Every year, bow hunters eagerly anticipate that special time of year that only stick and sting enthusiasts get to enjoy, the rut!
The main rut never comes in during gun season, normal muzzleloader season or even the new early (yuck, what a slaughter, that’s a whole nother article and my unbiased opinion) muzzleloader season.
As an archer you and only you can witness sights, sounds and activities that other hunters only dream of observing. If you’ve ever been out there and observed a buck seeking or chasing a doe and possibly, if you’re real lucky, breeding her then you understand what I mean and what I’ve seen.
If not, hopefully your time will come and it will be and experience you’ll never forget.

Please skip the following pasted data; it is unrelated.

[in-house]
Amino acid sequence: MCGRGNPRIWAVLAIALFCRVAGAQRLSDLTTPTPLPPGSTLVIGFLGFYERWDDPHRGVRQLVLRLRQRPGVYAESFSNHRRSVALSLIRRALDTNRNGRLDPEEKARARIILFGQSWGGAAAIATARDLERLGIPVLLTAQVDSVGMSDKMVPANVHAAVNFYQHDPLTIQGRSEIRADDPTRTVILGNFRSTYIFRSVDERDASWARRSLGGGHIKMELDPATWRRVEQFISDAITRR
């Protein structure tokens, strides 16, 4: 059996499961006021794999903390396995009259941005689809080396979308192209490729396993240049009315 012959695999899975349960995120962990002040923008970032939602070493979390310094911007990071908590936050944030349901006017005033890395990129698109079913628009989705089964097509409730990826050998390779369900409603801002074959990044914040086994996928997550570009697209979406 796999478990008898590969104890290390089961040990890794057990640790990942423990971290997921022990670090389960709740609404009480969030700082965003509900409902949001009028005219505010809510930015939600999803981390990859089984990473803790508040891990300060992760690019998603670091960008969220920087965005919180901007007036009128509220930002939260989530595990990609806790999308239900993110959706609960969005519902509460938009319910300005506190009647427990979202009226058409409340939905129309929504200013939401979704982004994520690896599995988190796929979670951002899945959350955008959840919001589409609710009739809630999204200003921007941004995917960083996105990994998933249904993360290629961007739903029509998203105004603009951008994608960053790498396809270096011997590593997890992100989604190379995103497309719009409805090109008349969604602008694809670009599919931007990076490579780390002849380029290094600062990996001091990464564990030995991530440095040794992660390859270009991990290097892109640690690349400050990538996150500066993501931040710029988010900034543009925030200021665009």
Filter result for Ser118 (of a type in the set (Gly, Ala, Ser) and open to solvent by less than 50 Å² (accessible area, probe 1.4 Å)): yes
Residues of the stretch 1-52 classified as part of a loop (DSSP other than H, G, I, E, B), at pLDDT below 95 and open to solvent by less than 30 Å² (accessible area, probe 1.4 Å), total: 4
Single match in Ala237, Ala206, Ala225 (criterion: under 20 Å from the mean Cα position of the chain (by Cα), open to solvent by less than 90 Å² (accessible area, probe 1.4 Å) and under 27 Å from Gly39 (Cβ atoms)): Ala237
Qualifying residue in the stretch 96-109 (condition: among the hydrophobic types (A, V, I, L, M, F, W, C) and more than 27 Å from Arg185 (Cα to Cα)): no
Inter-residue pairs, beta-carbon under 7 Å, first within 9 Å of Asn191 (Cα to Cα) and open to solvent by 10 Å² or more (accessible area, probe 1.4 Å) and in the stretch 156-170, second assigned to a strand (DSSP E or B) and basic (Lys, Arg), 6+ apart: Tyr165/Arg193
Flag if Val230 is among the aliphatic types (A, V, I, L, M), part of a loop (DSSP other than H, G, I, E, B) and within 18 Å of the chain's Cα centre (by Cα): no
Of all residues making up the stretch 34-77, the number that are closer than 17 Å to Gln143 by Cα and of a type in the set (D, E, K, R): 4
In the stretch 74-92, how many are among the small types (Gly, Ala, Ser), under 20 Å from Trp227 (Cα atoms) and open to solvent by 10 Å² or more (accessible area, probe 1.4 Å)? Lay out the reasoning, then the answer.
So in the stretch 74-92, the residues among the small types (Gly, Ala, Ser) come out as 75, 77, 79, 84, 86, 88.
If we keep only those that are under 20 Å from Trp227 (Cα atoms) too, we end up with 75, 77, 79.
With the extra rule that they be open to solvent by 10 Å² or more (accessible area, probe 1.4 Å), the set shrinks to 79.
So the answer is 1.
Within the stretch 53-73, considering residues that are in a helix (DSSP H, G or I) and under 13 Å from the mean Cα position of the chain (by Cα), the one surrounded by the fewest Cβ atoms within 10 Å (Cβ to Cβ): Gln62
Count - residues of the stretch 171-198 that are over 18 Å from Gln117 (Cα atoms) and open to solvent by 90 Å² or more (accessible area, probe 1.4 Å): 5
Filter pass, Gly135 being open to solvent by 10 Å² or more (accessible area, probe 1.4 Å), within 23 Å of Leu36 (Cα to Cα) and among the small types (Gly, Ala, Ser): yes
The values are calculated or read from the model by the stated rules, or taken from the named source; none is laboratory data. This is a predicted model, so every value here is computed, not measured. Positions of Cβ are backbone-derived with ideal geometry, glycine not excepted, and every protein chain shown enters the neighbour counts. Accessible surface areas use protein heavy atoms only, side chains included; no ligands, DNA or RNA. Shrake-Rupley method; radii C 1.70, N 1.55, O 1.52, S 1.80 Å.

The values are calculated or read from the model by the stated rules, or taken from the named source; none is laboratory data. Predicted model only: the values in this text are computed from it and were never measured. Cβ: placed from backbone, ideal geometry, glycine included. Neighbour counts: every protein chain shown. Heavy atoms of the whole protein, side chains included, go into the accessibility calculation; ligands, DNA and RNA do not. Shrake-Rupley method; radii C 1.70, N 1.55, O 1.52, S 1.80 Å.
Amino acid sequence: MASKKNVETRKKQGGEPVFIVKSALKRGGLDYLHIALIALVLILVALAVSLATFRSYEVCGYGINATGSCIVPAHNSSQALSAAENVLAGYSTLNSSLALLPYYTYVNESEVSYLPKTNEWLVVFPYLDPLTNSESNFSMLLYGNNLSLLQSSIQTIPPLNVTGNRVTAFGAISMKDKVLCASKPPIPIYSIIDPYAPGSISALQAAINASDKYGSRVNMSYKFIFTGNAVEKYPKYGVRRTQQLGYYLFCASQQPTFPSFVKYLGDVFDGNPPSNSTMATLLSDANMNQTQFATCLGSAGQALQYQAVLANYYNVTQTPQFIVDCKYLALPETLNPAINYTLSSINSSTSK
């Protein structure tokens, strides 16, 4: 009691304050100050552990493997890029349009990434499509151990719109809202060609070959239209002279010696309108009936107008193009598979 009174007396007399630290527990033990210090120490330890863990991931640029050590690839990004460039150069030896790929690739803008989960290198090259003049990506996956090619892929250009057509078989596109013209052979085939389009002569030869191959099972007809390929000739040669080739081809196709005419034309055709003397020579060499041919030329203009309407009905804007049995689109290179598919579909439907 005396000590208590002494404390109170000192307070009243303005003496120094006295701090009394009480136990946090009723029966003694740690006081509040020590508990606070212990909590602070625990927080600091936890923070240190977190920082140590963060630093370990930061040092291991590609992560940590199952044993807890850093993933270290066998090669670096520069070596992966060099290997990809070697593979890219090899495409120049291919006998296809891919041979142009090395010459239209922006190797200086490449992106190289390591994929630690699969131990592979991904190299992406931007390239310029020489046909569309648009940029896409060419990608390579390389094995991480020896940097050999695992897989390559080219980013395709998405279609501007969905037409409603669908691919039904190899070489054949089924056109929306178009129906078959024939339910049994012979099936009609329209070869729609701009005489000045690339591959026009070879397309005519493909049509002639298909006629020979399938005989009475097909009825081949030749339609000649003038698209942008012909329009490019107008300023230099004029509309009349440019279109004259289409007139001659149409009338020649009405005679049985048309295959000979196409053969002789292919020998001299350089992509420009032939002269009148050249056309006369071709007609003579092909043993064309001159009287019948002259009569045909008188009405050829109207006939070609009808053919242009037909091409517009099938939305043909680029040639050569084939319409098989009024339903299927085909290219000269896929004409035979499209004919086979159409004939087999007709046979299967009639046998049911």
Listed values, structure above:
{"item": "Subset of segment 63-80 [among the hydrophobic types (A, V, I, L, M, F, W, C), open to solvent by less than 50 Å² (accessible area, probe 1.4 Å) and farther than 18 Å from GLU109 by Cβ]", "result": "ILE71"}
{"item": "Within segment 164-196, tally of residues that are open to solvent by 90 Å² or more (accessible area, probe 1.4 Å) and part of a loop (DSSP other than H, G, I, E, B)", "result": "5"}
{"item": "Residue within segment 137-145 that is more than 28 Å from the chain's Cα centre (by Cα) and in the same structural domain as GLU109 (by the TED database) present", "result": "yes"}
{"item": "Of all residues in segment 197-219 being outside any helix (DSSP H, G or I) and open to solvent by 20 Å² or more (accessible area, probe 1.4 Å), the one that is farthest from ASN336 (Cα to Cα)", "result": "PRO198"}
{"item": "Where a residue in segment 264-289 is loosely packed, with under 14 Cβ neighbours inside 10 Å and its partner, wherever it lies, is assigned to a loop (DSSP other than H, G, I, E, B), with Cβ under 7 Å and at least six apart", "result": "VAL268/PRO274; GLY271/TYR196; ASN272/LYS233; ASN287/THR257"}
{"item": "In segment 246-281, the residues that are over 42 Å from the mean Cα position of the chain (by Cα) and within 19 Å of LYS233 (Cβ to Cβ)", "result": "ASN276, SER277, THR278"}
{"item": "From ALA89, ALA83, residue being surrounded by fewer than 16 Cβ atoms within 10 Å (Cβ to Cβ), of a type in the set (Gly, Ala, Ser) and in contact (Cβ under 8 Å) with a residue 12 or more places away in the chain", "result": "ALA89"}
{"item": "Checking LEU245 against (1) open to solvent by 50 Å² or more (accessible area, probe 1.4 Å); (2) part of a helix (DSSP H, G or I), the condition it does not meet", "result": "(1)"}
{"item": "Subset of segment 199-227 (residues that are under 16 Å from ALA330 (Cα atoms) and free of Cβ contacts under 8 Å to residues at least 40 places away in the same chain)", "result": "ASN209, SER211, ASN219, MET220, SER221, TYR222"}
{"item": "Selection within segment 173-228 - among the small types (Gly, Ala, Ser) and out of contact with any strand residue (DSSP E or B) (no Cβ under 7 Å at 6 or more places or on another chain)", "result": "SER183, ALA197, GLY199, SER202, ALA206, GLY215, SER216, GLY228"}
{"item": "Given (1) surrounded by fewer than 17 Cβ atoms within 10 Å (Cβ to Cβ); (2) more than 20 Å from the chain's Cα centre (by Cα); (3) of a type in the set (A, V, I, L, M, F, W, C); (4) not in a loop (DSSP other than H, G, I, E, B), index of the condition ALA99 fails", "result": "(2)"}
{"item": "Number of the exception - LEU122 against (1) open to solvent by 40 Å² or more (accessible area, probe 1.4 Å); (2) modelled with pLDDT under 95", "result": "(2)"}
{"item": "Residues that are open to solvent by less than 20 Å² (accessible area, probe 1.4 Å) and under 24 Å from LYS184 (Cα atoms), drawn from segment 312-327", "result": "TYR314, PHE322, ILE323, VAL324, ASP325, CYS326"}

What is the rut?
It’s that magical time of the year when the doe come into estrus and are ready to or getting ready to breed. At this time the males, bucks, exhibit a definite type of behavior specific to each stage of the rut, the stages being seeking, chasing and tending. Bucks become more vulnerable during this time than any other time of the hunting season and if you play your calls and scents right you may just be able to score on that big boy you’ve been watching from afar.
In this stage, the beginning stage of any rut, it is marked with an increase in buck activity with bucks “seeking” does. Triggered by a chemical indication from doe’s approaching estrus the bucks spend their time looking for doe’s that may be starting the estrous cycle. With the right buck-to-doe ratio in an area during strong seeking activities it can be a good time to be in your tree stand. During this time bucks can be coaxed in with such tactics as calling, rattling, scents and decoys, often perusing the edges of fields, swamps and woodland areas. This is also a good time to check your scrapes and rub lines.